Though there is a liberal sprinkling of comedians with working-class backgrounds on the comedy circuit, there’s little doubt that those acts are in the minority when it comes to the Edinburgh Fringe.
But this year two acts have taken it upon themselves to try to redress the balance. Liverpool comedian Sian Davies is putting on a showcase of working-class comedians, Best in Class, while Lee Kyle, a standup from South Shields, is producing a supplementary Fringe brochure containing only working-class acts.
One of the most obvious reasons is the sheer amount of money it costs to put on a show here. It was certainly what highlighted the difficulties for Davies when she auditioned for a compilation show.
“They said, 'You’ll do this audition, we’ll let you know next day if you’ve been successful and by the following week you’ll need to pay us £1,800'.” The money was to cover the costs of the showcase and could, at least in part, be earned back through ticket sales, but it still left Davies with the issue of finding £1,800 at short notice. Instead she “decided to apply for the Free Festival to take my own showcase just for working-class comedians. They’re not going to pay anything to be a part of it. I’ve put the money up to begin with then we’ve crowdfunded a lot of it.”
Meanwhile Kyle’s project stemmed from a conversation he had last Edinburgh with fellow comedian Rob Mulholland, who flagged up this very issue in his 2017 show.
“I was talking to Rob about not being able to get Arts Council funding and a few of us were going, 'Is there anything we can do?' It’s not like it [his brochure] will make a lot of difference but it will add visibility and a feeling of support."
There are other, subtler, reasons that working-class comedians tend not to do the Fringe. They often don’t have the social connections some middle-class comedians have. But I also wonder if, sometimes, there isn’t the same emphasis placed on spending time on your own projects and creative endeavours in working-class communities or families.
Kyle agrees: “Middle-class people are able to push themselves ahead and make contacts and it’s just natural. They don’t even consider it. Whereas anytime I have to send an email to anybody for anything I always think, 'Oh god, they’ll think I’m a dick!'"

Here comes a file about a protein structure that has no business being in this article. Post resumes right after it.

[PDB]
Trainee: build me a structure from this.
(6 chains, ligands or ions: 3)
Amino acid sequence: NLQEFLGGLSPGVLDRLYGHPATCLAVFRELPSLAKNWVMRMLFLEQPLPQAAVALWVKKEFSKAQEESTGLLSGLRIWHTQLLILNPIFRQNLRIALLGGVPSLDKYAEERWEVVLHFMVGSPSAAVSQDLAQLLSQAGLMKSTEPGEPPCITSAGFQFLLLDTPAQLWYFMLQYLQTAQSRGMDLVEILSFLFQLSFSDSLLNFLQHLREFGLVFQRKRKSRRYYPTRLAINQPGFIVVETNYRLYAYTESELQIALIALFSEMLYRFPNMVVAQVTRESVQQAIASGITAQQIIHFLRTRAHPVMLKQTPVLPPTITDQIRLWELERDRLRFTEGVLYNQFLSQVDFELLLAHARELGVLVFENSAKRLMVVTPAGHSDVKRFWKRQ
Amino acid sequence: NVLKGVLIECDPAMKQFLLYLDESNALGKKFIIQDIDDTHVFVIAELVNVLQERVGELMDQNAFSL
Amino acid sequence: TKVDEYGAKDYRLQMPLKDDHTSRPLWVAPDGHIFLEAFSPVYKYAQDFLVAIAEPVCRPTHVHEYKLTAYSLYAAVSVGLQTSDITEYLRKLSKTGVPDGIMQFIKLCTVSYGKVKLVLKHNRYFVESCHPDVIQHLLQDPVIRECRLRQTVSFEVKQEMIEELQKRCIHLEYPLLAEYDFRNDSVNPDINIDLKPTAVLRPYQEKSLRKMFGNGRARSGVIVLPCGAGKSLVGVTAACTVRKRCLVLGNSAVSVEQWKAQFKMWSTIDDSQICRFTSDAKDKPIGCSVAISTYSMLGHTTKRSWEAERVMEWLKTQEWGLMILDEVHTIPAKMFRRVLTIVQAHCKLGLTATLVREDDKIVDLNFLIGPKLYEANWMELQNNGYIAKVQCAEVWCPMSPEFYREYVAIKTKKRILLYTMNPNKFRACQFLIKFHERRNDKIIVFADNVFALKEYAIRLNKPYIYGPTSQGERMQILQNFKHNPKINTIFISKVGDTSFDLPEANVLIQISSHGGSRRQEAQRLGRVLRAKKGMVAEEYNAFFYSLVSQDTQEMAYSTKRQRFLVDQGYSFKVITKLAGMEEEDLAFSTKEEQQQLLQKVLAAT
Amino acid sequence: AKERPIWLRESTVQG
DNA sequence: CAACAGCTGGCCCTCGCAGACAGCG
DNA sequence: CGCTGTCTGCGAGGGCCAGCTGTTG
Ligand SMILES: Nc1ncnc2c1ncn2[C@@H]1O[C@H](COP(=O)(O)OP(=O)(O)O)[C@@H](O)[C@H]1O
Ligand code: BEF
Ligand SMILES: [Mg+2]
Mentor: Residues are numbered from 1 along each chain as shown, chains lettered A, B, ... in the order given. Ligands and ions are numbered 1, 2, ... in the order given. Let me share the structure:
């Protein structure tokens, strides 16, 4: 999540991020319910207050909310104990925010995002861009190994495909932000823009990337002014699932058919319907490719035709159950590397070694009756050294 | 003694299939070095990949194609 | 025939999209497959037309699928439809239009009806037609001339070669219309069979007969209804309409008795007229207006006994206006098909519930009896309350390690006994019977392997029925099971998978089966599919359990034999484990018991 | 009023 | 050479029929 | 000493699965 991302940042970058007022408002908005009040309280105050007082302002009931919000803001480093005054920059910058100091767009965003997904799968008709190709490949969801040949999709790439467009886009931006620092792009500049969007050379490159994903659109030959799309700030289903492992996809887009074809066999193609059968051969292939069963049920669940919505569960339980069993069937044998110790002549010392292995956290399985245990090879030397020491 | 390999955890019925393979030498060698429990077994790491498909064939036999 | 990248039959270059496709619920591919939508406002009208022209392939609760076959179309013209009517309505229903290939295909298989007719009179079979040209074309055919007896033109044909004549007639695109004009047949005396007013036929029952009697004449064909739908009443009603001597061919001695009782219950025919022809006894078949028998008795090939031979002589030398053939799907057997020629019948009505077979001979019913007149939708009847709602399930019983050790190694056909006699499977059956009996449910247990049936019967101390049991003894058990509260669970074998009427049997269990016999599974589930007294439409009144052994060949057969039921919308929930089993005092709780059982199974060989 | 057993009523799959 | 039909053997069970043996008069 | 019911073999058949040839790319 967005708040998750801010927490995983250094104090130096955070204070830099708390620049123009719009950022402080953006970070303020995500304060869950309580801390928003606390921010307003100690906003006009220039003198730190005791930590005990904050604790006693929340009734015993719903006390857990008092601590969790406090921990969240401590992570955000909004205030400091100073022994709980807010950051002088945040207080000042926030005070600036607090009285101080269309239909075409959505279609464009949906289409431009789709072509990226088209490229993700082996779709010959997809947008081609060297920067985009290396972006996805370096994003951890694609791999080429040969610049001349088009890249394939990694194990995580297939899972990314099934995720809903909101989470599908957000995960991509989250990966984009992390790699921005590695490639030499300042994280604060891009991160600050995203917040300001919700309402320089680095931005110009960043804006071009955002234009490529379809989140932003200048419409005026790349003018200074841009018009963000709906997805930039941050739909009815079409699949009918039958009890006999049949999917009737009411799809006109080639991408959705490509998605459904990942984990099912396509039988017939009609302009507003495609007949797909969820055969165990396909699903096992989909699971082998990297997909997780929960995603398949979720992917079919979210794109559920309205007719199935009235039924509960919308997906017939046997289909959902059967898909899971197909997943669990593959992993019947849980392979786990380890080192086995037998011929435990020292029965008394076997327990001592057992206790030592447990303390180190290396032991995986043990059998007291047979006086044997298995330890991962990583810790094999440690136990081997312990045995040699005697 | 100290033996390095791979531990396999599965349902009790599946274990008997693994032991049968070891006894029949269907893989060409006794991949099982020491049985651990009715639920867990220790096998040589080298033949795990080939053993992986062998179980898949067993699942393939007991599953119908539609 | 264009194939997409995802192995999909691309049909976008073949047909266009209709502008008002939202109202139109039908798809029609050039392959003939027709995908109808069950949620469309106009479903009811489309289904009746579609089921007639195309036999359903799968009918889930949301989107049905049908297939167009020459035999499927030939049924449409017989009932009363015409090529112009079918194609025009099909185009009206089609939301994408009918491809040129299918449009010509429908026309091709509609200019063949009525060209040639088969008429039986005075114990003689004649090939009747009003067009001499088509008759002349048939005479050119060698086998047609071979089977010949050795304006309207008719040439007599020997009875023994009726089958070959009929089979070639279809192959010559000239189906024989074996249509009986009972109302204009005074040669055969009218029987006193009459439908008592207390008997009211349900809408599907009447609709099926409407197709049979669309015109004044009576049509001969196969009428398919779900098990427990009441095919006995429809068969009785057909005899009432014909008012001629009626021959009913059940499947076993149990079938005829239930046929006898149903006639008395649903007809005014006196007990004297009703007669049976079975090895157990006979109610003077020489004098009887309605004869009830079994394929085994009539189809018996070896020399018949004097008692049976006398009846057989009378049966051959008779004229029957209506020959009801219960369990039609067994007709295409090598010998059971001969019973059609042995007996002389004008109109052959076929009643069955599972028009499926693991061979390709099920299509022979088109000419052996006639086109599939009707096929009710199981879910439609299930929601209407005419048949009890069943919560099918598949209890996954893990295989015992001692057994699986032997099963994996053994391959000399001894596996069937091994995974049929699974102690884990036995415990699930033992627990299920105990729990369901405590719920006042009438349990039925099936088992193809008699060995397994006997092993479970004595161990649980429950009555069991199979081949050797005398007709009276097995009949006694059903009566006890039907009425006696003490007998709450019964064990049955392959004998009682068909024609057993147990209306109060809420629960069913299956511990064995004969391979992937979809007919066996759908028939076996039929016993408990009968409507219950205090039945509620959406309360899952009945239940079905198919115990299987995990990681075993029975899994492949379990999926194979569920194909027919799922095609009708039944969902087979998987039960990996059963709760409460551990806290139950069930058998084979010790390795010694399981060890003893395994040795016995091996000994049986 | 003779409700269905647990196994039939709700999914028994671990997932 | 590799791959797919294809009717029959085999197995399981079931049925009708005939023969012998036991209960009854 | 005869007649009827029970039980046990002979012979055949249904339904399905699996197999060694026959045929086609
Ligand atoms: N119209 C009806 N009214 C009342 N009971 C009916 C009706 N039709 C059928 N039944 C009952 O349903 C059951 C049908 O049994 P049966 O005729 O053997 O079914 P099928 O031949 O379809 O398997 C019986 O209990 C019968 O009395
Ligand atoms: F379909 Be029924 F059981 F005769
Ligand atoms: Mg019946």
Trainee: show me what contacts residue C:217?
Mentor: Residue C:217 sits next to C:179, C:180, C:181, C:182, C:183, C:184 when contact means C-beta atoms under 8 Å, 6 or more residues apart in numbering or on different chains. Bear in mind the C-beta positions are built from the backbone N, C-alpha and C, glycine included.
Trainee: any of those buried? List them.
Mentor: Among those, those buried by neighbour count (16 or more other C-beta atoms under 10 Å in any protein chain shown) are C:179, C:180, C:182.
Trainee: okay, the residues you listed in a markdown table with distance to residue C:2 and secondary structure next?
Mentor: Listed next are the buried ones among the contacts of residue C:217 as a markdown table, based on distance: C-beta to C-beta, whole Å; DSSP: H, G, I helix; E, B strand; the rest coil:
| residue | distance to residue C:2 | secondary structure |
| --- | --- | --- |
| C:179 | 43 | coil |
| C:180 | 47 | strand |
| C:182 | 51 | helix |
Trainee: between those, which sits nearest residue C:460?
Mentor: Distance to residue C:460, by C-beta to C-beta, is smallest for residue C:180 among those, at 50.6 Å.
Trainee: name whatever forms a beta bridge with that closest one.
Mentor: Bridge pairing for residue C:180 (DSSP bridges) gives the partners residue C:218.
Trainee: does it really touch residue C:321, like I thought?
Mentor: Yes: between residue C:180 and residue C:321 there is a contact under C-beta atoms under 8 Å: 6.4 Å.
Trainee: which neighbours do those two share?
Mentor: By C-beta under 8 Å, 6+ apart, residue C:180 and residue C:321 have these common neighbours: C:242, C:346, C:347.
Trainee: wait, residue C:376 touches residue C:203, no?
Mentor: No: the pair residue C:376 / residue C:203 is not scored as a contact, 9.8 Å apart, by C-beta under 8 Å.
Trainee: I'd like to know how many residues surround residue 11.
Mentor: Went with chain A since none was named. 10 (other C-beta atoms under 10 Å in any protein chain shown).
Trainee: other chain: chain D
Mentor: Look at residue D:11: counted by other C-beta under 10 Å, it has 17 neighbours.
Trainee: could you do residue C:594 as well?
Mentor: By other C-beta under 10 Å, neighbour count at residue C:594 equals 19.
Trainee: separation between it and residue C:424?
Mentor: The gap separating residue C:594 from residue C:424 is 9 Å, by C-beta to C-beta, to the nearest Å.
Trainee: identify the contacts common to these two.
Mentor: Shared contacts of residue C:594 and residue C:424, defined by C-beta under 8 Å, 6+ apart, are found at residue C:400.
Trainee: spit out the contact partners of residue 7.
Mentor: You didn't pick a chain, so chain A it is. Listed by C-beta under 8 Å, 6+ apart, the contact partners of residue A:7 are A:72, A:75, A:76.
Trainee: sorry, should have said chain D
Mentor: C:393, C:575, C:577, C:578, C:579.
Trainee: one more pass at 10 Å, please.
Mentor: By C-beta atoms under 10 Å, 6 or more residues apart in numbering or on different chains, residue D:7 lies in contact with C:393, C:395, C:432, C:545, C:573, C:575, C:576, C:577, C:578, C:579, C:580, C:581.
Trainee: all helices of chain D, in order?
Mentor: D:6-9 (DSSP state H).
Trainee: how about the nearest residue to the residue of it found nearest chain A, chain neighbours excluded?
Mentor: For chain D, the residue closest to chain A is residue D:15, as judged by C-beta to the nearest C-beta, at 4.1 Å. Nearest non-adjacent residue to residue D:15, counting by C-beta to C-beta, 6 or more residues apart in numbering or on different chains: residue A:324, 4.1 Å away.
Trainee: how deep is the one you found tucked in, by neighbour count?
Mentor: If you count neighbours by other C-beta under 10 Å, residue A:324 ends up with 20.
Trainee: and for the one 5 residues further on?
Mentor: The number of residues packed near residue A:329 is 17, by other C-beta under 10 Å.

Davies makes a similar point. Working class kids in inner city comprehensives are often molded more for the workforce than for pursuing expensive creative endeavours:
“I went to an all-girls comprehensive and we had the army come in and do recruitment days with us. It was great fun. A friend of mine, who’s quite middle-class, told me a few years later about how the army go into schools in deprived areas and they put on these fun events trying to recruit people because it’s ‘the only way they can get the people who they send to war'.”
It's maybe easier for the army to identify targets. But a tricky question for both Davies and Kyle about their projects concerns how they ascertain someone’s class background. The answer for both had to be self-identification – literally a tick box for performers to identify themselves as working-class.
Kyle notes: "That’s the tricky part. It’s self-selecting. If people say they are and I don’t know differently, I have to take it in good faith. I can’t do anything else. If a couple sneak through it reflects badly on them but it’s still a worthwhile endeavor.”
Davies agrees: “It is very difficult to put people in a box and decide, 'He is, she isn’t'. I can’t do that. I’m not going to ask what did your mum do for a living, how many pairs of shoes have you got?”
Indeed, class is far from black and white. It's not a homogenous experience. There is fluidity and diversity in people’s social standing, experiences and viewpoints. Even among her working-class-identifying acts Davies notes, “we’ve all got very different perspectives and outlooks.”
And you can still live in a council flat but have brought up a son with expensive coffee tastes. “My son was round at his girlfriend’s and came back saying, ‘Her mum asked me if I wanted a coffee but she put a spoon in a jar!' What have I done?" says Kyle, roaring with laughter. That's just before he confesses to grinding his own beans.